Easiest way I know of. I don't exactly know how the ancient greeks argued about length and how rigorous their approach was. –  Ittay Weiss Jul 16 '13 at 11:41
    
Do you know other ways of proving it ? If so, can you give some hints ? Otherwise I'm about to accept your answer. –  Nicolas Lykke Iversen Jul 16 '13 at 20:59
    
Any proof will have to first define what length is. What I described is the standard definition of length in $\mathbb R^2$, and the only one I know of. –  Ittay Weiss Jul 16 '13 at 21:34
    
I will interprete that as you know one way of proving it. I appreciate your time and help - thanks! –  Nicolas Lykke Iversen Jul 17 '13 at 7:16

Since this whole concept is so elementary, it is hard to see what assumptions, definitions, axioms or intuitions you want accept up front, on which an argument can be based. I'll try two approaches nevertheless.

Both radius and arc length are measurements of length. Since Euclidean geometry only has relative length measurements, you can either compare them to one another, or compare them to some fixed length. The former gives rise to your radian, whereas the latter gives rise to units of length. If you measure the same circle using centimeters instead of inches as your unit of length, you can be sure that the quotient between the two lengths will still be the same, since the units must cancel.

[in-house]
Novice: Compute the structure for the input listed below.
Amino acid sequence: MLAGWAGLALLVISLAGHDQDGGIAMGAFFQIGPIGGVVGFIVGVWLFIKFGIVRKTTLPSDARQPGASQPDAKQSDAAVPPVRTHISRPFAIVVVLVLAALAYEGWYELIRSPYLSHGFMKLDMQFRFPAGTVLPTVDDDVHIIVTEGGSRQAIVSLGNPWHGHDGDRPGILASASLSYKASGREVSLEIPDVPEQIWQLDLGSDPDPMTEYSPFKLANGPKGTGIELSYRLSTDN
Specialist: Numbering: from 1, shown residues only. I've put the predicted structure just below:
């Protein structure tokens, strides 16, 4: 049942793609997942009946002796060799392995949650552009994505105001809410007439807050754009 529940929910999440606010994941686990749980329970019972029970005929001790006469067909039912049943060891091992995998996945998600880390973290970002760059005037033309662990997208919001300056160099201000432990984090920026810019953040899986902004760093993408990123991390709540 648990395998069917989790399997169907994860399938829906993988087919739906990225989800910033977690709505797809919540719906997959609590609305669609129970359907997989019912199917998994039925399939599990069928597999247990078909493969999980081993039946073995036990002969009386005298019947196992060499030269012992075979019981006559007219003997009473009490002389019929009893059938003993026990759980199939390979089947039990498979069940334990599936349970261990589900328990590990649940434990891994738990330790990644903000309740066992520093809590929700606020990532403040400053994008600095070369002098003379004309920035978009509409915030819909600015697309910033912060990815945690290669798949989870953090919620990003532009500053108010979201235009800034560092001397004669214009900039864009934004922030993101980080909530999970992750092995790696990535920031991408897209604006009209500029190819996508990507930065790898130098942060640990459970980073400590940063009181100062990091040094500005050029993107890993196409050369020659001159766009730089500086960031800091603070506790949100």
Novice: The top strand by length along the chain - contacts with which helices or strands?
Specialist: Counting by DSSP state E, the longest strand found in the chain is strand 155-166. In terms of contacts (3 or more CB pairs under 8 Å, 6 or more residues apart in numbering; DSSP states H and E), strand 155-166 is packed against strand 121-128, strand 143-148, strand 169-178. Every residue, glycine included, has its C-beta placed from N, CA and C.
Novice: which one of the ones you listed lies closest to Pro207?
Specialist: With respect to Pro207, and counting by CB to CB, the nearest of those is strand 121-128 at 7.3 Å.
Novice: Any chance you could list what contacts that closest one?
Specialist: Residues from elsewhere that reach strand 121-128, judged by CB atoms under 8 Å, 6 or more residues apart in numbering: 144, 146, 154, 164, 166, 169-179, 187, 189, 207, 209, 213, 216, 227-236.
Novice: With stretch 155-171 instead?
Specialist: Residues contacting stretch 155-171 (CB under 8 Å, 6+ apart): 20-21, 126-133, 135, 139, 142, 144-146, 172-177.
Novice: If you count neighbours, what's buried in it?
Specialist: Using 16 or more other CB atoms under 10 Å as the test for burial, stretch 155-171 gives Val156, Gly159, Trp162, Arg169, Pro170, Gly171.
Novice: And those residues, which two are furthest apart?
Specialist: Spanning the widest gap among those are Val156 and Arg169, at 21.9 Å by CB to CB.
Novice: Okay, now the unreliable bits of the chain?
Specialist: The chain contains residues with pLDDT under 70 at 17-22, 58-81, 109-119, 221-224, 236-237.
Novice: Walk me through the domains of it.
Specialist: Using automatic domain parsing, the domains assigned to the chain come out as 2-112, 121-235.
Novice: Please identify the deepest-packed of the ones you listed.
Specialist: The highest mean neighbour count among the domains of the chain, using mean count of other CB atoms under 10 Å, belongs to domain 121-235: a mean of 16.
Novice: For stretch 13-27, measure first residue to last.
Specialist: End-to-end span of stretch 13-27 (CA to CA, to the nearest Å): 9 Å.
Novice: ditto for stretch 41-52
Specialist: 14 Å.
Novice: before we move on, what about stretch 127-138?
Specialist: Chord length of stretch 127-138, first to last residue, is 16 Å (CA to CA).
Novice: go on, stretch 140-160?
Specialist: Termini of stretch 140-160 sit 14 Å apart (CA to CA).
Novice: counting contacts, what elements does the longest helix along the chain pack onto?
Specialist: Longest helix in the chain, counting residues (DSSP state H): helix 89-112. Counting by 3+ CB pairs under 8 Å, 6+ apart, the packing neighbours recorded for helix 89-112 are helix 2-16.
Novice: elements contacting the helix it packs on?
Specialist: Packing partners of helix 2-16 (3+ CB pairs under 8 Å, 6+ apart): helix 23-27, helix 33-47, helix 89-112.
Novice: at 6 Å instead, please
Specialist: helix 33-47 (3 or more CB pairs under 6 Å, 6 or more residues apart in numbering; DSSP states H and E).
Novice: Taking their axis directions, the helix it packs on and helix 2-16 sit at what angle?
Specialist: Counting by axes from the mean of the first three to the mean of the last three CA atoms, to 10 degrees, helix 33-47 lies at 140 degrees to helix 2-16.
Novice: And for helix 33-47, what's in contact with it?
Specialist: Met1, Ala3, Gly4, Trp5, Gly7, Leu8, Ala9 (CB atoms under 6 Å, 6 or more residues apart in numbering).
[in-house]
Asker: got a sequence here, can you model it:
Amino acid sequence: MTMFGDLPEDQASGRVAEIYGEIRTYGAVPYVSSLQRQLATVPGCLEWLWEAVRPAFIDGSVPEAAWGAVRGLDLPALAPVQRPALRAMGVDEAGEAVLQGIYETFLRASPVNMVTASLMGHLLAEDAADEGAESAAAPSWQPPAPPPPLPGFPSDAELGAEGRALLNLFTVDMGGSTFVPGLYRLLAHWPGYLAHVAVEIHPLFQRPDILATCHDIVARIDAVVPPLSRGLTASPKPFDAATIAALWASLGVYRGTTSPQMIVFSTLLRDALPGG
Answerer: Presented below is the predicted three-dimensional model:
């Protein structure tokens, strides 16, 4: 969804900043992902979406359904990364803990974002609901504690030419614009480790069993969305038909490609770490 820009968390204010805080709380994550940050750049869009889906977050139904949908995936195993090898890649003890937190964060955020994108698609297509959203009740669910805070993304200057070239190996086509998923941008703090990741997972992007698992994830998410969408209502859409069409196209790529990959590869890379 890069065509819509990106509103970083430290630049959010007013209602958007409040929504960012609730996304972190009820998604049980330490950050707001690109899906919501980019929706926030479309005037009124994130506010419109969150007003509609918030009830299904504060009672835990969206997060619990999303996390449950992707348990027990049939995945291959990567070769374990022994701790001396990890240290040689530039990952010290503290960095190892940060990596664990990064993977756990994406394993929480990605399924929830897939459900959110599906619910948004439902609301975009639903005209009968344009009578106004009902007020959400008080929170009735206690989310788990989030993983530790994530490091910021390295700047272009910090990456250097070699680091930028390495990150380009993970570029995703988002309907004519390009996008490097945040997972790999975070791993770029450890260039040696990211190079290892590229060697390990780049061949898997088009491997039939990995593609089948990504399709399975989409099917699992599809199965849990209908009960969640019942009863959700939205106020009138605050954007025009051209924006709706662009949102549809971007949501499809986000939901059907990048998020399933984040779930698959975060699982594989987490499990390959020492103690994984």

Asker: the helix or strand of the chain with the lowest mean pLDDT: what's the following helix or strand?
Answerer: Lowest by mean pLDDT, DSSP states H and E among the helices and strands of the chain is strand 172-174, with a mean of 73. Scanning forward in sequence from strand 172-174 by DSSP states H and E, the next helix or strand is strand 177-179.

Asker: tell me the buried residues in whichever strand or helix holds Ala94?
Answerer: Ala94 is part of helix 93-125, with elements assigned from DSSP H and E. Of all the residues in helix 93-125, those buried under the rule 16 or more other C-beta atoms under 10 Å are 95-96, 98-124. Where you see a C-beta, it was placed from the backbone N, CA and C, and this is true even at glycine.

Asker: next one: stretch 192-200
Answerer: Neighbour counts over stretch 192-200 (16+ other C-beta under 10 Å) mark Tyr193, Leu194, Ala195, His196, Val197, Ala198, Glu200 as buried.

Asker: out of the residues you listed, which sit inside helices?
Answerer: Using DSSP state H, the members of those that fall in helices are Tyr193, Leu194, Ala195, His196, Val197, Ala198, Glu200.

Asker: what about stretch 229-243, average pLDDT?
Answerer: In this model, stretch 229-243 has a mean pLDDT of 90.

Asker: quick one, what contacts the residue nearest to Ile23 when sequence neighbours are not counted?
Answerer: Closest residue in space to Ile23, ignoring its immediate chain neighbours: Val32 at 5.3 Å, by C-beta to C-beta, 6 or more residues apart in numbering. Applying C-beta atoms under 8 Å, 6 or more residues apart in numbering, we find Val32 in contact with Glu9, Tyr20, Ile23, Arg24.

Alternatively, you could imagine your situation scaled uniformly by a fixed factor. This is a similarity transformation. All angles would be preserved, all lengths be scaled by the same factor, and for fractions of length the scaling factor would again cancel out. Hence the ratio has to remain the same.

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the question is not about changing the unit of measurement. It is an absolutely non-trivial fact of Euclidean geometry that the ratio of the circumference of a circle and its diameter is a constant (know as $\pi$) which is independent of the cirlce. That it is independent of the unit of measurement is clear, but independence of the circle is not clear and requires proof. In particular, in the hyperbolic plane for instance, said ratio is still (of course) independent of the unit of measurement but not of the circle. –  Ittay Weiss Jul 16 '13 at 11:40
    
@Ittay: Hyperbolic geometry, in contrast to Euclidean, has an absolute measure of length: you can reasonably talk about the length of a segment without comparing it to another segment. Instead the length is measured with relation to the (square root of the Gaussian) curvature. So in this sense, changing the unit of measurement in hyperbolic geometry is not the same as in Euclidean. The non-trivial fact here is the degenerate (in the sense of a Cayley-Klein geometry) distance metric of Euclidean geometry, which only allows for relative length measurements. There are no absolute lengths. –  MvG Jul 16 '13 at 11:58
    
I don't see how this addresses OP's question about independence from the circle in Euclidean geometry. Am I missing something? –  Ittay Weiss Jul 16 '13 at 15:18